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TORCH'-BEAR-ER, n. [torch and bear.]

One whose office is to carry a torch. Sidney.


One that gives light. [Not in use.] Shak.

TORCH'-LIGHT, n. [torch and light.]

  1. The light of a torch or of torches.
  2. A light kindled to supply the want of the sun. Bacon.


A plant of the genus Cereus. Lee. The common name of a genus of the order Cactaceæ, called cereus, from cera, wax, from the resemblance of the stems to a wax candle. Torch-thistle is from the prickly stems, used by the Indians for torches. Cyc.


A plant. More.

TORE, n.1 [perhaps from tear; W. tori, to break.]

The dead grass that remains on mowing land in winter and spring. [Used in New England.] Mortimer.

TORE, n.2 [L. torus.]

In architecture, a large round molding on the base of a column. It is distinguished from the astragal by its size. The bases of the Tuscan and Doric columns have only one tore, which is between the plinth and listel. In the Attic base there are two. Cyc.

TORE, v. [pret. of Tear.]

He tore his robe.

TO-REU-MA-TOG'RA-PHY, n. [Gr. τορευμα, sculpture, and γραφη, description.]

A description of ancient sculptures and basso-relievos. Cyc.

TO-REU-MA-TOL'O-GY, n. [Gr. τορευμα, sculpture, and λογος.]

The art or description of sculpture and bas-relief.

TO-REU'TIC, a. [Gr. τορευτος, polished.]

In sculpture, highly finished or polished.

TOR'MENT, n. [Fr. tourment; L. tormentum; It. and Sp. tormento; probably from the root of L. torqueo, torno, Eng. tour; that is, from twisting, straining.]

  1. Extreme pain; anguish; the utmost degree of misery, either of body or mind. The more I see / Pleasure about me, so much I feel / Torment within me. Milton. Lest they also come into this place of torment. Luke xvi. Rev. ix. xiv.
  2. That which gives pain, vexation or misery. They brought to him all sick people that were taken with divers diseases and torments. Matth. iv.
  3. An engine for casting stones. Elyot.

TOR-MENT', v.t.

  1. To put to extreme pain or anguish; to inflict excruciating pain and misery, either of body or mind. Art thou come hither to torment us before the time? Matth. viii. He shall be tormented with fire and brimstone. Rev. xiv.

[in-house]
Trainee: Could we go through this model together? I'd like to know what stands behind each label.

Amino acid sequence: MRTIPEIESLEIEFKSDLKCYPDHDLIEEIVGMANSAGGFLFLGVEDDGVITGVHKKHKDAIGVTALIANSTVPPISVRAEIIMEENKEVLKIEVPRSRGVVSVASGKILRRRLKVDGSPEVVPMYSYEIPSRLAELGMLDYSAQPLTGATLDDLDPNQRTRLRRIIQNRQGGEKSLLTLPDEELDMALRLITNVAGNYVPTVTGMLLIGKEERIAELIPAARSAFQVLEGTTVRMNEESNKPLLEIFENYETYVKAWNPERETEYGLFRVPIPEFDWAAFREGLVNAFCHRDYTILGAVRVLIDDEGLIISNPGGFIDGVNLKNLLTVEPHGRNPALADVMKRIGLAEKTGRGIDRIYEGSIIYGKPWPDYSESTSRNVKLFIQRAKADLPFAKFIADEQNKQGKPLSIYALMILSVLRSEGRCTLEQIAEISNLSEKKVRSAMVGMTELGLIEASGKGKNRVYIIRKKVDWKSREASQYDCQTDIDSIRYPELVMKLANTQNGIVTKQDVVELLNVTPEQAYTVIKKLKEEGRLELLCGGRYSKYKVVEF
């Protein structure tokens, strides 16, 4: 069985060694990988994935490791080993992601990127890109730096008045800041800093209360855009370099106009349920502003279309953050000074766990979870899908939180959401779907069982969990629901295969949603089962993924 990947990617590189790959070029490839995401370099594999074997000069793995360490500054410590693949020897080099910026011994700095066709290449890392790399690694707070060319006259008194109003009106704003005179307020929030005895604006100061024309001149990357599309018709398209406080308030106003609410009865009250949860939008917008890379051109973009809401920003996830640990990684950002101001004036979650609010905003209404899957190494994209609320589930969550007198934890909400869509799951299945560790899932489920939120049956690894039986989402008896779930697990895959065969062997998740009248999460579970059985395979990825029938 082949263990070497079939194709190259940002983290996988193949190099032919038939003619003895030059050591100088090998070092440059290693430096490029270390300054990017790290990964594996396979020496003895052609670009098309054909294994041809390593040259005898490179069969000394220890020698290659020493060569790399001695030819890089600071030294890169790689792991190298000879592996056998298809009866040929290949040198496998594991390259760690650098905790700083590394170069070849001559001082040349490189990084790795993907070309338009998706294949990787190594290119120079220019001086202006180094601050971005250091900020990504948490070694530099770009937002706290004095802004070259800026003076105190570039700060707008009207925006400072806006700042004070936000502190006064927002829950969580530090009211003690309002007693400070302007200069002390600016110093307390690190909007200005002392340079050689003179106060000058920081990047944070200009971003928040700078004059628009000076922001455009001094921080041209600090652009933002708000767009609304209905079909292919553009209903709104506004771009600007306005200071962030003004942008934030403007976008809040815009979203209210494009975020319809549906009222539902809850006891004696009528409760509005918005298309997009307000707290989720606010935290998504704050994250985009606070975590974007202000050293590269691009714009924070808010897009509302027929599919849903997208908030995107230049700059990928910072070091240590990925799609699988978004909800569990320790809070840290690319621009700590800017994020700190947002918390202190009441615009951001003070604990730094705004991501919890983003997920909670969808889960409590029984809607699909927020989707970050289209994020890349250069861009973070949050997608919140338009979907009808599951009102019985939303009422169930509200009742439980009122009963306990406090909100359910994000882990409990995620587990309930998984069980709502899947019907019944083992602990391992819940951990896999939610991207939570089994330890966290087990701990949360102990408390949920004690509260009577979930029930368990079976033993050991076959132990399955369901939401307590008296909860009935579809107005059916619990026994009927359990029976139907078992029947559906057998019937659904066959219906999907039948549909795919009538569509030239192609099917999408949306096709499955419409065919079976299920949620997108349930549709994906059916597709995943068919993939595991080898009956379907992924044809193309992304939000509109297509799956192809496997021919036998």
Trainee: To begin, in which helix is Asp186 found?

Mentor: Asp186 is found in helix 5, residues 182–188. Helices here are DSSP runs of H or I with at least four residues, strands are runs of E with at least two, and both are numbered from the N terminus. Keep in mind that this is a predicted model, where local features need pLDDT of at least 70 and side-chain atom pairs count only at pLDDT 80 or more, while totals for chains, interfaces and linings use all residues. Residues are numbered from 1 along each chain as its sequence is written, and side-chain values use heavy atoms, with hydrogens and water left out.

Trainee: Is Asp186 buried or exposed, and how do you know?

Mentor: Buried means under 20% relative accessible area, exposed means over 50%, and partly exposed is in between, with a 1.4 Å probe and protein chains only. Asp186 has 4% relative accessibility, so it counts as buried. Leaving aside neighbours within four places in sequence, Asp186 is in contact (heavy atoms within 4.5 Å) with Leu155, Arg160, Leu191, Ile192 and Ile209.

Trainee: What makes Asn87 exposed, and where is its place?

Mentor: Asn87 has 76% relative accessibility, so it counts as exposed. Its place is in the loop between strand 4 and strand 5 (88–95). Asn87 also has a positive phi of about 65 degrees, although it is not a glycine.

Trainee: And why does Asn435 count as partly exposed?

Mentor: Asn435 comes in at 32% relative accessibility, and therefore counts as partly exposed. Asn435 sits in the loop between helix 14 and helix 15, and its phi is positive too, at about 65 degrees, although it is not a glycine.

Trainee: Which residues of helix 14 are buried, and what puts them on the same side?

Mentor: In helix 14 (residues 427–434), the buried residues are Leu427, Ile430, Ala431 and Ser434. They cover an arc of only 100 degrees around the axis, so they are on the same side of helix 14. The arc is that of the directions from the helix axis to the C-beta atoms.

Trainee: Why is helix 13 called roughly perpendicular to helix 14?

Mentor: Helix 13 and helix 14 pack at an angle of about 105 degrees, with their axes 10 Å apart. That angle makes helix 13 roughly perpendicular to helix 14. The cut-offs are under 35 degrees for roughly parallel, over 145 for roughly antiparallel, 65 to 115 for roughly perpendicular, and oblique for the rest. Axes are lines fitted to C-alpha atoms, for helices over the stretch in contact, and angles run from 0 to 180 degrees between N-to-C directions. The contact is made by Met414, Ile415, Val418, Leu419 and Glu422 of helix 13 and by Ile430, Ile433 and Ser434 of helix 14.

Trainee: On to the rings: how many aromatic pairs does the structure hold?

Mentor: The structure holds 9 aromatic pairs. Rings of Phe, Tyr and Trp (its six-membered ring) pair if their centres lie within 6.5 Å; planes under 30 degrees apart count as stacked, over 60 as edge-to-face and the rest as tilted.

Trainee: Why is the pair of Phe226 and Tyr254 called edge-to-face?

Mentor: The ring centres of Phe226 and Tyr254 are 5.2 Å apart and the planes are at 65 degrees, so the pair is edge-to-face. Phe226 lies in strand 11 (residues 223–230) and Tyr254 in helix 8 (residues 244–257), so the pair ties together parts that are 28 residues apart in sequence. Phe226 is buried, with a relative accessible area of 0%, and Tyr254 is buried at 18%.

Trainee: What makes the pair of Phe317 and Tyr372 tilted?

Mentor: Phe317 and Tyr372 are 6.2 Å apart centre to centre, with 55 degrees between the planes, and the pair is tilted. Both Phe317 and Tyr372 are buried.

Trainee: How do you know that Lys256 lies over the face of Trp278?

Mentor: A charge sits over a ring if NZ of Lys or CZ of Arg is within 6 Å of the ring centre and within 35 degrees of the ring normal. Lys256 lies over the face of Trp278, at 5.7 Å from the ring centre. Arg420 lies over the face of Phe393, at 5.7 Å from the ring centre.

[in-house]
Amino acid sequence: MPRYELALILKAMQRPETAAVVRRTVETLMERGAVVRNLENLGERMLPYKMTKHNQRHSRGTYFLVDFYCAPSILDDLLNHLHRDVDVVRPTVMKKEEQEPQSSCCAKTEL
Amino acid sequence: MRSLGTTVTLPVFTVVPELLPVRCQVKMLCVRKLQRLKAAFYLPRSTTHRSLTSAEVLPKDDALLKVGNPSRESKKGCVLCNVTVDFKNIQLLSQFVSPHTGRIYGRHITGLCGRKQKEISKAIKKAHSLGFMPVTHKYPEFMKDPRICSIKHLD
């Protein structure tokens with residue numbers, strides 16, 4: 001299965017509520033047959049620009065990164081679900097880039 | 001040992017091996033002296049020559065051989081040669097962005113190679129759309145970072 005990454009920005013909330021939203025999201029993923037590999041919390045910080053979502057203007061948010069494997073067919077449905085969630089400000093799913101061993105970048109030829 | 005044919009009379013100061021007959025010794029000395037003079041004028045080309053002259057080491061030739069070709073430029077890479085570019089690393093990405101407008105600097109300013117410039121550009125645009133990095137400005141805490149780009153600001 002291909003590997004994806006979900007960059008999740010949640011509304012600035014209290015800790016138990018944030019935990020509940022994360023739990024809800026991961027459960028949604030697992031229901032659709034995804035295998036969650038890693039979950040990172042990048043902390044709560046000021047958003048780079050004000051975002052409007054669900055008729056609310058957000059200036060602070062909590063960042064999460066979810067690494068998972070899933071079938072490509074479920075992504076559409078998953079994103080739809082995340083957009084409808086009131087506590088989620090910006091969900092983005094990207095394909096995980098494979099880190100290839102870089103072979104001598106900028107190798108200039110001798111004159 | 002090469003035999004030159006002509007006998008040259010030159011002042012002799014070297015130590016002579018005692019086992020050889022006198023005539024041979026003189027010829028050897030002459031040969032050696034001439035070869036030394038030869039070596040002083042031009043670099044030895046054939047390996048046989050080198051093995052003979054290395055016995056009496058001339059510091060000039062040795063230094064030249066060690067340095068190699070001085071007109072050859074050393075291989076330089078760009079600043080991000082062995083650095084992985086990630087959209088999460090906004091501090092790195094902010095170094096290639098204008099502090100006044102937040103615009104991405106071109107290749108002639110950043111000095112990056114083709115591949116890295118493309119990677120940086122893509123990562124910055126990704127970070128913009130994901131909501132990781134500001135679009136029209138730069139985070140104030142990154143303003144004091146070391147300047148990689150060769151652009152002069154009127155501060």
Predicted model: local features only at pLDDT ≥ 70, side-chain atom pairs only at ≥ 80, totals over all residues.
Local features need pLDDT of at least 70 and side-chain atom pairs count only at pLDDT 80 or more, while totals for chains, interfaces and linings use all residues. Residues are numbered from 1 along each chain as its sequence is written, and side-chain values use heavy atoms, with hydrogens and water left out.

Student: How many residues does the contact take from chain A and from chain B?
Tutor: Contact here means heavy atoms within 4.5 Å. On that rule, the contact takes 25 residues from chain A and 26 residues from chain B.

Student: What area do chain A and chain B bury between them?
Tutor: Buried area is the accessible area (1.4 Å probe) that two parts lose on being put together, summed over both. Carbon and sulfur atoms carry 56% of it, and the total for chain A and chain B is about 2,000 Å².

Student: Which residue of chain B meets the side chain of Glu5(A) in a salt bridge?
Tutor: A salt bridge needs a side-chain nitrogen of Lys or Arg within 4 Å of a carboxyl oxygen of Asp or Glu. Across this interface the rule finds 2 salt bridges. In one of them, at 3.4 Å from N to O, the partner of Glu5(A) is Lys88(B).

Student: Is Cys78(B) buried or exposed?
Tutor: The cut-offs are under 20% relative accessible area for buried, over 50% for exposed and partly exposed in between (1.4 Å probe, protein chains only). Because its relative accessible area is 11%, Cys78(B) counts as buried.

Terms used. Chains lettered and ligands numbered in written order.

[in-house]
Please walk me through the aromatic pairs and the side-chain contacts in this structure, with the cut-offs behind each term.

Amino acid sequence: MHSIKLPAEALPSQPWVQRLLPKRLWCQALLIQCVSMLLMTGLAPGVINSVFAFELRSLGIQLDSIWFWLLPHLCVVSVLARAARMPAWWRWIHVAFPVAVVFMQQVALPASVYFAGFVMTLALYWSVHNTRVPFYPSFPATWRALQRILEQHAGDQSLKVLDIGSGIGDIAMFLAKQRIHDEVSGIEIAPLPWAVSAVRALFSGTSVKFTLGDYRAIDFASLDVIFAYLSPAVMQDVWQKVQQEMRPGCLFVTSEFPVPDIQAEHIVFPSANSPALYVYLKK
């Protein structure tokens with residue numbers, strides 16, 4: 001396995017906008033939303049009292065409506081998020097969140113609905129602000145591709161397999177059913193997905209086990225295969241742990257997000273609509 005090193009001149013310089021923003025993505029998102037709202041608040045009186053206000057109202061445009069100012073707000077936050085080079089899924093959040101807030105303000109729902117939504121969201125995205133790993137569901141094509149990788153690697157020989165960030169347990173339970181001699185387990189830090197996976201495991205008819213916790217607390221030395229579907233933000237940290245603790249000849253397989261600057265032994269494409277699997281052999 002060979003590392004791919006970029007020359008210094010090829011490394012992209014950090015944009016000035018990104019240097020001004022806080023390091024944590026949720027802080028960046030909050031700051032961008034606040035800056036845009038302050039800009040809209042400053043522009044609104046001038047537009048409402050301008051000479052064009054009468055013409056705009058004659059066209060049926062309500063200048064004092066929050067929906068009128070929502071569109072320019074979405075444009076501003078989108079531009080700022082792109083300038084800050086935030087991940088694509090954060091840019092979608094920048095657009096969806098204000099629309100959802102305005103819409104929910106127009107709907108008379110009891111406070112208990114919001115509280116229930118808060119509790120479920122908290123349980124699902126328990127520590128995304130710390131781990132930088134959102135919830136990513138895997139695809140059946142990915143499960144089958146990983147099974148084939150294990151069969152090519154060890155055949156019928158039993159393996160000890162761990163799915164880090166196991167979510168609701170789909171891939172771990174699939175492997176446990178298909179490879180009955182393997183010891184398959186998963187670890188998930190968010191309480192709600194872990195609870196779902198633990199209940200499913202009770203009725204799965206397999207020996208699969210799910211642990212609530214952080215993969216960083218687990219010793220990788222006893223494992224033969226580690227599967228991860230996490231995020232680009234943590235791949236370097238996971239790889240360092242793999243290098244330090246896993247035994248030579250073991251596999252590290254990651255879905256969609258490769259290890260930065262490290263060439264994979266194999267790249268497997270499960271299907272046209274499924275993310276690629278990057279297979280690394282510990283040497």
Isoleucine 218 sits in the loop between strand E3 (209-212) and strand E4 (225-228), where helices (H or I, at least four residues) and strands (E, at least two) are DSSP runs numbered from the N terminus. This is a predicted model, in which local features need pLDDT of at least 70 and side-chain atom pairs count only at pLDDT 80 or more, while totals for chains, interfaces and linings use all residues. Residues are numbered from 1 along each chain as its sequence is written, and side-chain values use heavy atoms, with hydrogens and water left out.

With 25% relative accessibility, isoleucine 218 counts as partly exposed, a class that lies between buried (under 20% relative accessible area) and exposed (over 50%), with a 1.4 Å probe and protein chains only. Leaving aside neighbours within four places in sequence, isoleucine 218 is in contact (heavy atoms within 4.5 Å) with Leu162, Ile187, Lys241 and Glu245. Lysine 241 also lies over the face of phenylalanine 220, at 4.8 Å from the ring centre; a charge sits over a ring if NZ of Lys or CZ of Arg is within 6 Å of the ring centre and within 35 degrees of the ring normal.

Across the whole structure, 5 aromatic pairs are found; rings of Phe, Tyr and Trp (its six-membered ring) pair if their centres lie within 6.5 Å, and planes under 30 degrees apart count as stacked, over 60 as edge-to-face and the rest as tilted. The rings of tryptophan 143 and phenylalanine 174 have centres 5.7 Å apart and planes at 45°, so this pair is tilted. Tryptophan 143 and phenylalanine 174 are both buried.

2. To pain; to distress. Lord, my servant lieth at home sick of the palsy, grievously tormented. Matth. viii.
  3. To tease; to vex; to harass; as, to be tormented with importunities, or with petty annoyances.
  4. To put into great agitation. They soaring on main wing / Tormented all the air. [Unusual.] Milton.


Pained to extremity; teased; harassed.

TOR'MENT-IL, n. [Fr. tormentille; It. tormentilla.]

The septfoil, Potentilla Tormentilla. The root is used in medicine as a powerful astringent, and for alleviating gripes or tormina in cases of diarrhea, whence its name. Cyc.


In agriculture, an imperfect sort of horse-hoeing. Cyc.


Paining to an extreme degree; inflicting severe distress and anguish; teasing; vexing.


In a manner tending to produce distress or anguish.


  1. He or that which torments; one who inflicts penal anguish or tortures. Milton. Dryden.
  2. In agriculture, an instrument for reducing a stiff soil. Cyc.

TORN, pp. [of Tear.]

Neither shall ye eat any flesh that is torn by the beasts in the field. Exod. xxii.

TOR-NA'DO, n. [from the root of turn; that is, a whirling wind. The Sp. and Port. tornada is a return.]

A violent gust of wind, or a tempest, distinguished by a whirling motion. Tornadoes of this kind happen after extreme heat, and sometimes in the United States, rend up fences and trees, and in a few instances have overthrown houses and torn them to pieces. Tornadoes are usually accompanied with severe thunder, lightning and torrents of rain; but they are of short duration, and narrow in breadth.

TO'ROUS, a. [L. torosus.]

In botony, protuberant; swelling in knobs, like the veins and muscles; as, a torous pericarp. Martyn.

TOR-PE'DO, n. [L. from torpeo, to be numb.]

  1. The cramp fish or electric ray. This name designates a genus of fishes of several species, which are commonly confounded with each other. These fishes are usually taken in forty fathoms water, on the coast of France and England, and in the Mediterranean. A touch of them occasions a numbness in the limb, accompanied with an indescribable and painful sensation, and is really an electric shock. When dead, they lose the power of producing this sensation. Cyc.
  2. An engine invented for the purpose of destroying shipping by blowing them up.

TOR'PENT, a. [L. torpens, torpeo.]

Benumbed; torpid; having no motion or activity; incapable of motion. A frail and torment memory. Evelyn.


In medicine, that which diminishes the exertion of the irritative motions. Darwin.